The remaining major custom components of my CMS are a custom SiteMapProvider and a custom SiteMapNode to go with it, each inheriting from the corresponding standard component. The extension to SiteMapNode is trivial — I added an IsHidden property that is used to automatically “trim” certain pages that I don’t want showing up in the site map. Currently this is limited to certain special pages like the Login page and the Page Not Found page, but it would be a simple matter to add a HideFromSiteMap flag in the web page database record to allow any page to be hidden this way.
The custom SiteMapProvider loads itself from the content database using some of the same information used to build the routing table. The site map node key property is in fact the same as the route property of the corresponding page route, and likewise the two Url properties are the same.
The default security trimming behavior of the SiteMapProvider object, implemented in the IsAccessibleToUser method, must be overridden; otherwise the standard UrlAuthorizationModule authorization will be called to authorize against web.config. Since I have my own custom UrlAuthorizationModule that authorizes against the database, I simply broke the authorization logic out into a separate static method (as is done in the standard version of the module) and then I called that method, CheckUrlAccessForPrincipal, from the override in my custom SiteMapProvider.
I made two major errors early in the development of this website. First, I didn’t see that using Routing was important. I used URL rewriting instead, and eventually discovered that it has some major quirks (I won’t call them bugs since they have been around long enough to become “features”). Rather than dig myself deeper, I then switched to Routing, which handles the quirks for me.
The other error was to try to use the SiteMap or the routing tables to do things they weren’t intended to do. When I was using my own rewriting scheme, I used the SiteMap as my route table, rather than create a separate one. In an ideal ASP.Net world, authorization, routing, and site maps might all be integrated. In this ASP.Net world, however, they most definitely are not.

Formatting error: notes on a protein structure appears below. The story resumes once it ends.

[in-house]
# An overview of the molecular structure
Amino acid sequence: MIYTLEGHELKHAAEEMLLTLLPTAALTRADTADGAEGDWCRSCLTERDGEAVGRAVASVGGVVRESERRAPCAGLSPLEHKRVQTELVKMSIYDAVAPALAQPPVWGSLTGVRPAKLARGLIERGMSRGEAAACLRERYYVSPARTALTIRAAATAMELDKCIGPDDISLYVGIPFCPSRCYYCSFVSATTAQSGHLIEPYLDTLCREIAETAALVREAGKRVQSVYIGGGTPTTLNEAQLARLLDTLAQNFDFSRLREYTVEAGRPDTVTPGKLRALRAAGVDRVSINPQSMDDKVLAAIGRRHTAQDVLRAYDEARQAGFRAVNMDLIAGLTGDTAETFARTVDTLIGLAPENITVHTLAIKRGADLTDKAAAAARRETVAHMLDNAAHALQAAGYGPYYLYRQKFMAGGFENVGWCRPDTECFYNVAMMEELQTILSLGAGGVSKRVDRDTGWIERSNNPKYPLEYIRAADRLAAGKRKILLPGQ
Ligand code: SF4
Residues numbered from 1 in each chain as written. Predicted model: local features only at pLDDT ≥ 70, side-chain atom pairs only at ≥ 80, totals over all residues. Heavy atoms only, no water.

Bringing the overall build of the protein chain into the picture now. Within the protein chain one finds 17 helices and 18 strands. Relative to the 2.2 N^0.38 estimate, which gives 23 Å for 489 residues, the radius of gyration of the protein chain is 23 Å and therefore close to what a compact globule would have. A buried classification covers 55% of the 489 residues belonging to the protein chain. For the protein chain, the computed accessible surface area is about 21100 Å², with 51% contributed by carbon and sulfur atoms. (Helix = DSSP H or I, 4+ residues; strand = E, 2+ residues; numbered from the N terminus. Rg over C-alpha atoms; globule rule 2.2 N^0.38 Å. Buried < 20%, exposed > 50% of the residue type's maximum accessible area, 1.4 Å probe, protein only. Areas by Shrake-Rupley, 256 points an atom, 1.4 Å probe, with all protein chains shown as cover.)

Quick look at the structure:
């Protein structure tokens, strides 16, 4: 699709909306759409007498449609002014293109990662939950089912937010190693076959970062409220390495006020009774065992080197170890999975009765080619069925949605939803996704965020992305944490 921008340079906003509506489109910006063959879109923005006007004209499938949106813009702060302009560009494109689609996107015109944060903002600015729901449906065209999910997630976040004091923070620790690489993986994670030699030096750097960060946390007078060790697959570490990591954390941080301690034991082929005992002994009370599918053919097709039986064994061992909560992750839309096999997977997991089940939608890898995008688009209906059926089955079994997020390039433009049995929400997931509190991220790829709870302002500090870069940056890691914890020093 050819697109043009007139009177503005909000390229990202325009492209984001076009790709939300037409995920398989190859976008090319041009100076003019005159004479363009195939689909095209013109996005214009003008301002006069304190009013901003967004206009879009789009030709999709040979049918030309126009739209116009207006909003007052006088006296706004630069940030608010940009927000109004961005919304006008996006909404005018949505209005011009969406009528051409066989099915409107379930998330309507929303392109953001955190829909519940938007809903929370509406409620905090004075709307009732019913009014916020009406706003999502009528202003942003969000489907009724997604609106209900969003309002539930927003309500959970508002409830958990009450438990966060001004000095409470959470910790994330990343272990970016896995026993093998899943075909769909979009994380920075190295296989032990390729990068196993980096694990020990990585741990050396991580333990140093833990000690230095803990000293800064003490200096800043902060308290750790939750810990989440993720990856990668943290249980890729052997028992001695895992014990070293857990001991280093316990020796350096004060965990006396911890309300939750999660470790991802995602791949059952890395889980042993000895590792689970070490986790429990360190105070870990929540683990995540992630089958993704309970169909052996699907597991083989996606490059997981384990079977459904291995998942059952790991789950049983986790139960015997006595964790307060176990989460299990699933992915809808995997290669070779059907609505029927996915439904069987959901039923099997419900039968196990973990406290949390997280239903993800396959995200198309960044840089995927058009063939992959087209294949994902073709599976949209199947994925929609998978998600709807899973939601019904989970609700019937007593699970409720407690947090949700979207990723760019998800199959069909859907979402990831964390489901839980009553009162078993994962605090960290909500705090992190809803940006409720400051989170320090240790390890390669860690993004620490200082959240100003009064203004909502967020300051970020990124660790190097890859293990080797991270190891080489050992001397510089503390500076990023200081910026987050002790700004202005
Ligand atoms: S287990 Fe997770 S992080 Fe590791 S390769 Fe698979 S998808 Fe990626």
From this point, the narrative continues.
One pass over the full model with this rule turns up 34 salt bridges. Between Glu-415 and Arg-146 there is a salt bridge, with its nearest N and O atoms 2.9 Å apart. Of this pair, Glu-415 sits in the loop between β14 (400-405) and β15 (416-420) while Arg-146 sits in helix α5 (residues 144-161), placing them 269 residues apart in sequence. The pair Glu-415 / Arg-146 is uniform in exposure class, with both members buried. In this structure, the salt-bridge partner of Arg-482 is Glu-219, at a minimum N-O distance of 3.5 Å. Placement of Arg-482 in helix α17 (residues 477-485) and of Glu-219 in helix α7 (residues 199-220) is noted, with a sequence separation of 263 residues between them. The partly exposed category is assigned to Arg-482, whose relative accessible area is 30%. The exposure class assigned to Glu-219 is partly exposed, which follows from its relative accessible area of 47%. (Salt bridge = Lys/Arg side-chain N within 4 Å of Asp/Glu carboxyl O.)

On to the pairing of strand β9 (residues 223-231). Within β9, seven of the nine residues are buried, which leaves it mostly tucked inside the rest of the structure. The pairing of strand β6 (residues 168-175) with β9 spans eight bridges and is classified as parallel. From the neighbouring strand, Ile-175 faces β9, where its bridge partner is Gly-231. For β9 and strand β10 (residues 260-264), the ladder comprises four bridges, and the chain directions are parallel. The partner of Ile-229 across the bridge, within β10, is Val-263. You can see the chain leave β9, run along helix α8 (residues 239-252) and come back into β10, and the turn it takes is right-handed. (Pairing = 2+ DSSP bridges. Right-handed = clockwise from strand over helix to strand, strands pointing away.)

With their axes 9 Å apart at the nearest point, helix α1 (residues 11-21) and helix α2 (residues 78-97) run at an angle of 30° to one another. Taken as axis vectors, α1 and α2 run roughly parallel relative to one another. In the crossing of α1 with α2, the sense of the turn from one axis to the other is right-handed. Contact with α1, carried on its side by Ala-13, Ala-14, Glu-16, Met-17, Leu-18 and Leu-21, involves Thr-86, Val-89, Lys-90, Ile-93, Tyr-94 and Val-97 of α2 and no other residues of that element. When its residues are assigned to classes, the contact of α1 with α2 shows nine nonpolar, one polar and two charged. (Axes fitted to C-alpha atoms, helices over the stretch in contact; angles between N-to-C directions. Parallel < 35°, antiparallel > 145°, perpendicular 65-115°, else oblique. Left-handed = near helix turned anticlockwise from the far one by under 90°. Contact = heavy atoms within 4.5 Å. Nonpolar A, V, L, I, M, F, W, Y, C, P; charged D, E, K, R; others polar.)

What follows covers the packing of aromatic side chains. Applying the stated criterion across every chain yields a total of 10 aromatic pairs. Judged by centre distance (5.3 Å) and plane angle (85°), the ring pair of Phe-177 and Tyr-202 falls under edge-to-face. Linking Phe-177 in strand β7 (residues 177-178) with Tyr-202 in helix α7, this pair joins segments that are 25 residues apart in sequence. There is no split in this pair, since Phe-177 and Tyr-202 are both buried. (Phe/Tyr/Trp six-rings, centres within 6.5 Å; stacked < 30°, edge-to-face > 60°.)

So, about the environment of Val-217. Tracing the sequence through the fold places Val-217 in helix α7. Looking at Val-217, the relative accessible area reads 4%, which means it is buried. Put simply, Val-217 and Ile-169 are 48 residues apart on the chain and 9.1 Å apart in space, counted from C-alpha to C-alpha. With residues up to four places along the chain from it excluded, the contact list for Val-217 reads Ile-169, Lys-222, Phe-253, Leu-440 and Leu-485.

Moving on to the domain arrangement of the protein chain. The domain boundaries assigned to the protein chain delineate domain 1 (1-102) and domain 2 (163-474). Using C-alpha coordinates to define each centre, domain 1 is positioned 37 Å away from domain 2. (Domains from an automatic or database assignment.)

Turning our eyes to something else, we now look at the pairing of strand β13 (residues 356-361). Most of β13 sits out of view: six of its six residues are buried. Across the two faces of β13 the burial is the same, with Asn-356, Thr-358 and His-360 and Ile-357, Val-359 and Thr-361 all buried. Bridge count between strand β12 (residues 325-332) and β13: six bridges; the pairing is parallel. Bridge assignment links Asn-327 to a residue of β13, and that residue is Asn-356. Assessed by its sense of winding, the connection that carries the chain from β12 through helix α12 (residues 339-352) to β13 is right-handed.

The problem with using the SiteMap as a routing table is that when you finally get security trimming working right, the SiteMap will trim your routes! That doesn’t work out well at all. What I finally did, that is simple and works extremely well, is to create an object I called WebPageMap, that keeps track of essential information about all the active pages in the content database. Since this map is memory resident, I kept it small by not including the actual content data from the web pages, but it contains enough information to perform authorization, build the route table, and build the site map.
There is not much point in having a CMS if you don’t have a good way to edit the content residing in the database. My approach, so far, has been to create a “back end” website using ASP.Net dynamic data web pages to “scaffold” the content database. This is actually a very flexible tool that can be customized to provide a good end-user (content editor) experience, although I haven’t done that yet.
The hardest part of the back end was configuring it to provide easy HTML editing. I had had some experience with TinyMCE and that is what I used. You can create custom editing controls in a dynamic data website for doing just that sort of thing, and I did. The tricky part is getting TinyMCE to encode “dangerous” characters in a way that keeps .Net Framework 4.x happy. Fortunately, I had prior experience with that, and it wasn’t too hard once I realized that the Encoding:XML option of TinyMCE really was still there in the latest version, and just not mentioned anywhere in the documentation. There’s also a trick for fixing up apostrophes that must be applied.
The result of these design choices was a surprisingly simple but very capable content management system, or at least an early, proof-of-concept of one. If I am able to make time for it, I will describe the custom components in greater detail and perhaps even include source code.
There is one other aspect of my CMS that I have not even begun to describe, and that is a second level of template processing, “content templates” as opposed to “page templates,” that I developed for the earlier Data Portal. Where page templates are custom aspx pages, content templates are chunks of HTML in which a user (content editor) can embed tokens that are replaced with canned controls when the page is rendered. Having this level of template can largely obviate the need to develop new aspx page templates. Instead, you add new tokens (“widgets”) to the token parser and the editors can insert them using their HTML content editor and format away to their hearts’ content.
I will definitely try to describe the content template system, which by the way is embedded in an aspx page template using a custom control, in a future post.